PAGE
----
Hardy’s enduring story is centred on a Victorian-era heroine who, emboldened by unexpected financial autonomy (a status rare for women of the time), refuses to bow to societal pressure to marry until she is good and ready. In exploring the nature of the passions and impulses that motivate Bathsheba’s choices, Danish director Thomas Vinterberg “returns to the themes of innocence and answerability” (Sight and Sound) he also analysed in his recent (Danish-language) contemporary drama, The Hunt.
In adapting Hardy’s novel, Vinterberg also tackles a period drama for the first time, “with an adaptation of a novel not touched in cinema since 1967…the – until now – definitive screen adaptation [by] John Schlesinger” (Sight and Sound). Where Julie Christie’s Bathsheba memorably affected a winsomeness that is part of Christie’s undeniable charm as a screen presence, Mulligan’s feisty incarnation is rather more prepared to figuratively – and literally – take the reins as (would-be) mistress of her own fate.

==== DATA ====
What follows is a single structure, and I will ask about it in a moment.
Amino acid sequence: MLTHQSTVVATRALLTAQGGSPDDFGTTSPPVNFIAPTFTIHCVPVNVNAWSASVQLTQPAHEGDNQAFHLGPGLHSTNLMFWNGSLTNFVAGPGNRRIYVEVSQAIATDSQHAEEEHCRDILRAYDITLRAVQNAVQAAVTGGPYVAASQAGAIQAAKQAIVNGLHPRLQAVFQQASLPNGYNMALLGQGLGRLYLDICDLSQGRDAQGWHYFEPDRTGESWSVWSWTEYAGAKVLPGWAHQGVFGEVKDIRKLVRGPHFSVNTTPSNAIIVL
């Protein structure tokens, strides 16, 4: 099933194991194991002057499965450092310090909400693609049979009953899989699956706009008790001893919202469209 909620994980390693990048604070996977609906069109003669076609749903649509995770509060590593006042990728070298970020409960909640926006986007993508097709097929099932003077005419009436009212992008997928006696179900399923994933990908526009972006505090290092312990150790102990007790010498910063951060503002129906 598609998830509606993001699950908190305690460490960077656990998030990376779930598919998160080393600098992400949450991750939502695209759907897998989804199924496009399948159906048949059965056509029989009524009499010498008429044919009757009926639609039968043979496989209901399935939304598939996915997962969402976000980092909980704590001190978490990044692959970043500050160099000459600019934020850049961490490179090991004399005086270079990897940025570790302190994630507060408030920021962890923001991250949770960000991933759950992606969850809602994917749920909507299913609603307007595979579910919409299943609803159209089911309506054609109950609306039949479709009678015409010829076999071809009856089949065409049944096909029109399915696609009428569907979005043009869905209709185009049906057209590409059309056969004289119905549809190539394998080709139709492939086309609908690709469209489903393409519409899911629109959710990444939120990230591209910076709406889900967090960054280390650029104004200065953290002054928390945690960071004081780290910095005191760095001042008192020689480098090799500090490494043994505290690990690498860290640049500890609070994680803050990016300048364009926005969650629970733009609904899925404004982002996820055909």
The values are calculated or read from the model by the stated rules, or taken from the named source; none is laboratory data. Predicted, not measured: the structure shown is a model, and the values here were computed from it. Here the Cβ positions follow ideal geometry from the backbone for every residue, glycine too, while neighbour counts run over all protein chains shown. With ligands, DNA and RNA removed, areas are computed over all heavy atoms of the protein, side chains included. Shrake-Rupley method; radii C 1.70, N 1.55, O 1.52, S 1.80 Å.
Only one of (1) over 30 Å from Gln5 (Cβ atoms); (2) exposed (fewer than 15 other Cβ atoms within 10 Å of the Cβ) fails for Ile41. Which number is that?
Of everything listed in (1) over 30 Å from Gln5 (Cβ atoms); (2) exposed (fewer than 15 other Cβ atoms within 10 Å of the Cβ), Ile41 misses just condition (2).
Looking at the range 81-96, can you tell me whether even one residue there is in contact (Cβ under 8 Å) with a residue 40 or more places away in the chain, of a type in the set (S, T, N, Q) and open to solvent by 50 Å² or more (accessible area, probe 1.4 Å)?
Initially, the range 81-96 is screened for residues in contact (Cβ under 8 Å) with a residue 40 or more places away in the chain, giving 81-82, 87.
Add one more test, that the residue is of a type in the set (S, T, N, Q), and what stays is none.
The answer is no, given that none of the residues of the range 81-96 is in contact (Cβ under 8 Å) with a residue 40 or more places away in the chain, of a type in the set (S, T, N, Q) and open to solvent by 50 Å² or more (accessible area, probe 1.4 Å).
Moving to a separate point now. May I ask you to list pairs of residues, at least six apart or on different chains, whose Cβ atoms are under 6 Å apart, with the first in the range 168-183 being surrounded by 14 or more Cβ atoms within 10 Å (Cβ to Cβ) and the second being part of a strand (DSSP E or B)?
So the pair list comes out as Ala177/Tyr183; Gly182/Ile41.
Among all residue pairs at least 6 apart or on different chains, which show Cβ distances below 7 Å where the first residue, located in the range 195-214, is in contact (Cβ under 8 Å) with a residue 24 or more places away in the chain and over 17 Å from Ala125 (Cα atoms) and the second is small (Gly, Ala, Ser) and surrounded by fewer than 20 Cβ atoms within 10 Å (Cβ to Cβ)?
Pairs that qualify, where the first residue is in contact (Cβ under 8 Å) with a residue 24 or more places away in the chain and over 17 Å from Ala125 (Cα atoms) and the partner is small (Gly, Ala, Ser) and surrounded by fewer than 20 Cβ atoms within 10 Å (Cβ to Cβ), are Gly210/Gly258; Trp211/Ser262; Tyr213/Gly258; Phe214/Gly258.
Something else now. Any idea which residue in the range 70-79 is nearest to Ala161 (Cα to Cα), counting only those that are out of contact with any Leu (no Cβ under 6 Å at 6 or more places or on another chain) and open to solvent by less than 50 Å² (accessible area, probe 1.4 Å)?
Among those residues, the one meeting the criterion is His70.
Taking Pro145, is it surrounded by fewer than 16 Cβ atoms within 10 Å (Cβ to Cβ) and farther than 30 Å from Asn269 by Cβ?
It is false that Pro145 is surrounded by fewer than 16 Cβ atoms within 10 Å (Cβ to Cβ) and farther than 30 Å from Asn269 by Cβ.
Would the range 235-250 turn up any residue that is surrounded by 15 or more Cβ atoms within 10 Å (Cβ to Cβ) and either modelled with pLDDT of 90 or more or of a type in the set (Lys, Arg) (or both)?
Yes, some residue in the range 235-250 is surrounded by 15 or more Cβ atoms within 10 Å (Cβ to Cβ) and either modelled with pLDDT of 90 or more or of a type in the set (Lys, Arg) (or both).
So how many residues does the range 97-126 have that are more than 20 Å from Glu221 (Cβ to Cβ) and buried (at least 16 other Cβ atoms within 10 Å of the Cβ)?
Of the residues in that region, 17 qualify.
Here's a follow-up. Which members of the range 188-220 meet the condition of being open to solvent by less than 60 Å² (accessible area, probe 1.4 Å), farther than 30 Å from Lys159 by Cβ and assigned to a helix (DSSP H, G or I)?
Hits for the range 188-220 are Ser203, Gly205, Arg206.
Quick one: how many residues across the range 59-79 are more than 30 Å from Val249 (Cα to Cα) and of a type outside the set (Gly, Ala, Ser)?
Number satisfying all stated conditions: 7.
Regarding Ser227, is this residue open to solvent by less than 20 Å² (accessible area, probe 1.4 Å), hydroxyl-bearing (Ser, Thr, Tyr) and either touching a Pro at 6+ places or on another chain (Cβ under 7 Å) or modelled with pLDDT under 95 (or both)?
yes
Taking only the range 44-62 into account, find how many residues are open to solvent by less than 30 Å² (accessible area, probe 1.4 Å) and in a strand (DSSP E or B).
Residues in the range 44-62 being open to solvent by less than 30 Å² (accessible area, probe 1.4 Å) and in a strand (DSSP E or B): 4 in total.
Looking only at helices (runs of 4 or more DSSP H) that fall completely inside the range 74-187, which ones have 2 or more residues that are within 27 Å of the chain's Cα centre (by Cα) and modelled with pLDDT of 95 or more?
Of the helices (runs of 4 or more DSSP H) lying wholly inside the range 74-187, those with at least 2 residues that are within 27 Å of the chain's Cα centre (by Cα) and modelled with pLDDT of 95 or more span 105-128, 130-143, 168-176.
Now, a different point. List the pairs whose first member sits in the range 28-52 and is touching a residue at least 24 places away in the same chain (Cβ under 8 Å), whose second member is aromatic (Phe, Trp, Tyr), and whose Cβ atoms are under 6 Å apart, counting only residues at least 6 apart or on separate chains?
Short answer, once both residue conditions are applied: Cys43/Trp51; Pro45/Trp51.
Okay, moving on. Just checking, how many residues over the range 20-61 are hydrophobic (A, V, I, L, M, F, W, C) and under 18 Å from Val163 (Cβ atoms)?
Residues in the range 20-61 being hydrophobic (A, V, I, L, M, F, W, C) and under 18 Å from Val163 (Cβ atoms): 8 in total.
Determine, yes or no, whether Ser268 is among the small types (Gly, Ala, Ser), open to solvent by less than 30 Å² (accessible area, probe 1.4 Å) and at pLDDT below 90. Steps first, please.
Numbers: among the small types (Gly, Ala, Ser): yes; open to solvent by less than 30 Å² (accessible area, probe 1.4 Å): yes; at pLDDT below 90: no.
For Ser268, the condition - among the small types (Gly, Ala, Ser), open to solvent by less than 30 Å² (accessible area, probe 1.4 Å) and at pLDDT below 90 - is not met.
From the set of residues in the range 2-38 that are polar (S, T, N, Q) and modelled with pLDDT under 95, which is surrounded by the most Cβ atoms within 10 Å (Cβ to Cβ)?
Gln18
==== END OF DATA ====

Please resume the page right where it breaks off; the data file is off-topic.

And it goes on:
“Fresh, deft and sensitive, Vinterberg’s new adaptation of Thomas Hardy’s rural romance stands apart. He has also made a film that is beautiful to behold...Mulligan is terrific.” - Sight and Sound
Far from the Madding Crowd
24 Oct - 3 Nov
Based on the literary classic by Thomas Hardy, Far from the Madding Crowd tells the stirring story of a fiercely independent young woman, Bathsheba Everdene (Carey Mulligan), and the three markedly different suitors who pursue her: Gabriel Oak (Matthias Schoenaerts), a sheep farmer who is undaunted by her wilfulness, Frank Troy (Tom Sturridge), a handsome, feckless sergeant, and William Boldwood (Michael Sheen), a prosperous bachelor of mature years.